Minnesota’s new state economist has been an understudy for the role.
Laura Kalambokidis has some big shoes to fill, but she’s not coming in cold.
The incoming state economist’s specialty is public finance and economics, and she’s worked with her predecessor, Tom Stinson, for 13 years at the University of Minnesota. The last two times Stinson put out the annual revenue forecast, which is the main responsibility of the job, Kalambokidis observed the process.
Meanwhile, the two colleagues have offices in the same building at the U, so he’ll be nearby if she has questions.
Kalambokidis, 49, will take over the job in July. She sat for an interview last week.
Q: What appeals to you about this position?
A: I’ve watched Tom do this job for a long time and I admire the impact he’s had, in terms of providing good analysis for public policy decisionmakers in Minnesota, and I appreciate the opportunity to follow in his footsteps. I have worked with or around government my whole career and I appreciate public service, and I’m eager to work in it again.
Q: When Stinson announced he was stepping down last week, you said you were excited about the range of questions you’ll get to address as state economist. What are those?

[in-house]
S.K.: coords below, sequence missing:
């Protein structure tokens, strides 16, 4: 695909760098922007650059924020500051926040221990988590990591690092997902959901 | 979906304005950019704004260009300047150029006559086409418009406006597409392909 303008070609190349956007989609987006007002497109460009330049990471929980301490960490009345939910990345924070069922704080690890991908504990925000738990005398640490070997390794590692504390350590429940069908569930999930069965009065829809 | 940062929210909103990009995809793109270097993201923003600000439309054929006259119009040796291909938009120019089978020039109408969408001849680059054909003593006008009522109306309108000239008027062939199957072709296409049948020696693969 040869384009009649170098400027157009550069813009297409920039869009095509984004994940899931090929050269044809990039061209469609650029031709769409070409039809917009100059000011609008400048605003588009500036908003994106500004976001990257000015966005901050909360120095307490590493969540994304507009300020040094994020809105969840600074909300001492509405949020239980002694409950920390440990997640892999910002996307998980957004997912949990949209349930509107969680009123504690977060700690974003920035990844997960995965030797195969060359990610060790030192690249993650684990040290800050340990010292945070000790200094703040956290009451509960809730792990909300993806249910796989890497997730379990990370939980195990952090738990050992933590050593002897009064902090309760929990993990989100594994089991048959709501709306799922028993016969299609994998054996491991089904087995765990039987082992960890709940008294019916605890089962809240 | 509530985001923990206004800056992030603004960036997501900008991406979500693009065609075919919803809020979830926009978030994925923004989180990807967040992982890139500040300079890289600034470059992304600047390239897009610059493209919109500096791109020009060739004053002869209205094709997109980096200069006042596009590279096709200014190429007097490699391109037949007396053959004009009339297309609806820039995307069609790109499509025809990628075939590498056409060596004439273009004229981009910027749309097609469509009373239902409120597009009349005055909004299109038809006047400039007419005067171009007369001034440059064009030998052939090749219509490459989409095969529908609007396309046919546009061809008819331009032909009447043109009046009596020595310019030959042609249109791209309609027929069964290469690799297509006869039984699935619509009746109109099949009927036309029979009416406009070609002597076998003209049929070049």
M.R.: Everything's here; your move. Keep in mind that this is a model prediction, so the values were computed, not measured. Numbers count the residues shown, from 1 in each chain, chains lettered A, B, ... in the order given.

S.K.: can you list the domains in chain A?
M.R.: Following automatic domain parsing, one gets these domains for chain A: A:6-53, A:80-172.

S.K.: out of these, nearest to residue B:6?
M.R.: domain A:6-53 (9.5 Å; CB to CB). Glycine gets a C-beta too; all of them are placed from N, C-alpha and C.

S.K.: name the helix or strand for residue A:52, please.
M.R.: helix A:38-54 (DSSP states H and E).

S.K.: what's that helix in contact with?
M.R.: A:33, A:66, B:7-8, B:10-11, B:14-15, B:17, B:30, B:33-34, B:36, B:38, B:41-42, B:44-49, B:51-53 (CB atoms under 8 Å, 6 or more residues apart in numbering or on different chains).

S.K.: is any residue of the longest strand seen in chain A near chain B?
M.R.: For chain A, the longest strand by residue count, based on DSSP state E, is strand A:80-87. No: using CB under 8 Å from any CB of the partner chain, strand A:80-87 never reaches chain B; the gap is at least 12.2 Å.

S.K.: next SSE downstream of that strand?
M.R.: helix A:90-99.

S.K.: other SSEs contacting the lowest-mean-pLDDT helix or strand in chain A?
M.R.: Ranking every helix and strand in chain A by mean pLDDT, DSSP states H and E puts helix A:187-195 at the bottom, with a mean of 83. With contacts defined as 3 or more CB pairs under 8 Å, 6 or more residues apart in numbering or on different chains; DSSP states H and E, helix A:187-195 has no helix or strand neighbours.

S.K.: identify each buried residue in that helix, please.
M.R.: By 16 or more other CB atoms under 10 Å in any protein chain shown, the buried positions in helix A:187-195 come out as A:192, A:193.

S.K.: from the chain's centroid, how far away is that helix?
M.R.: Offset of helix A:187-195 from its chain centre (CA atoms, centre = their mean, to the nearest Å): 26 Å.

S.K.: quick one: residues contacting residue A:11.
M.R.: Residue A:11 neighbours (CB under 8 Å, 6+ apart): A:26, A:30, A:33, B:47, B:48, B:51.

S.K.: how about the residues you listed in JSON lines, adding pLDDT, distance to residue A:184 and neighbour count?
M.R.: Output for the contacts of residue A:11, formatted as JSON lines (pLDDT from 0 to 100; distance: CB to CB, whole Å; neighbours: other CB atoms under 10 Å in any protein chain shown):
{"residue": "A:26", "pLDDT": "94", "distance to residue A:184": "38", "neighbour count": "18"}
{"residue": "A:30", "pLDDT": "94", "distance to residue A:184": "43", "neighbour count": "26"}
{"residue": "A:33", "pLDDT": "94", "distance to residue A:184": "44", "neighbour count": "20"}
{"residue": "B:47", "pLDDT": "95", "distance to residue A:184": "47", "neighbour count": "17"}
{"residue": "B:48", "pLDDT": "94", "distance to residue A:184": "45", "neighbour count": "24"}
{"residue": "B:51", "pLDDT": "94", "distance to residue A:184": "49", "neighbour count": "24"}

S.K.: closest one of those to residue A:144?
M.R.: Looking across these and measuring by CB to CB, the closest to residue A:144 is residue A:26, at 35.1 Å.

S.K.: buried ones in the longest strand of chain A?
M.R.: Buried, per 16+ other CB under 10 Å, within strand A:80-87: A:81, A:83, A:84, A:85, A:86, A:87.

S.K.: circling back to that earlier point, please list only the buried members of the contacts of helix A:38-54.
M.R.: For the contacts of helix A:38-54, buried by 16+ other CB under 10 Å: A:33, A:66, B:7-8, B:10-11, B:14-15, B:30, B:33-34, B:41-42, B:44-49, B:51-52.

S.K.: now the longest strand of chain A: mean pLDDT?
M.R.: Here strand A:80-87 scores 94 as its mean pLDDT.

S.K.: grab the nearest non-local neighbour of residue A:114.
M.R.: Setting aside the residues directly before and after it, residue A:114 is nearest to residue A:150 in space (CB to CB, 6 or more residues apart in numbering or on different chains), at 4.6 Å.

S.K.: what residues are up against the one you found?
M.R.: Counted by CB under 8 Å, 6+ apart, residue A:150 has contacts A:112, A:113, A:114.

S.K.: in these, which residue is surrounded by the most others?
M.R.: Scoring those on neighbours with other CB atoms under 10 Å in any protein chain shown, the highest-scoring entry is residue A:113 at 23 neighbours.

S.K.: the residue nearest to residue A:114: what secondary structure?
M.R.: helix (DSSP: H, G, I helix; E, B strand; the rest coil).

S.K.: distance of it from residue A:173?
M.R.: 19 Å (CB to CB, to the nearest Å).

A: What’s happening in various industries: What’s happening in mining? What’s happening in agriculture? What’s happening in medical devices? That’s a set of questions that are more detailed than forecasting for the whole country. There are also all manner of tax questions. There have been a number of changes made by the Legislature and the governor recently. So how are those changes going to affect the revenue forecast coming in, and when? I’m surprised at the range of questions that Tom gets asked. I wasn’t surprised that people expected him to know everything about the forecast, but I didn’t expect that people would expect him to know everything about everything.
Q: What’s the first thing on your agenda?
A: The annual forecast is the thing that’s first on my agenda, to understand that process and do that well. Once I’ve been through that process, I understand the state economy much better.
Q: What’s your assessment of the state economy?
A: We’re expecting sustained, modest growth this year. We’re doing better with regard to unemployment than the nation as a whole and a little better than we usually do relative to the nation as a whole, and that’s positive. There are still external threats, mostly coming from the federal government and the fiscal drag that we may feel.
Q: You still think the sequester could have an impact?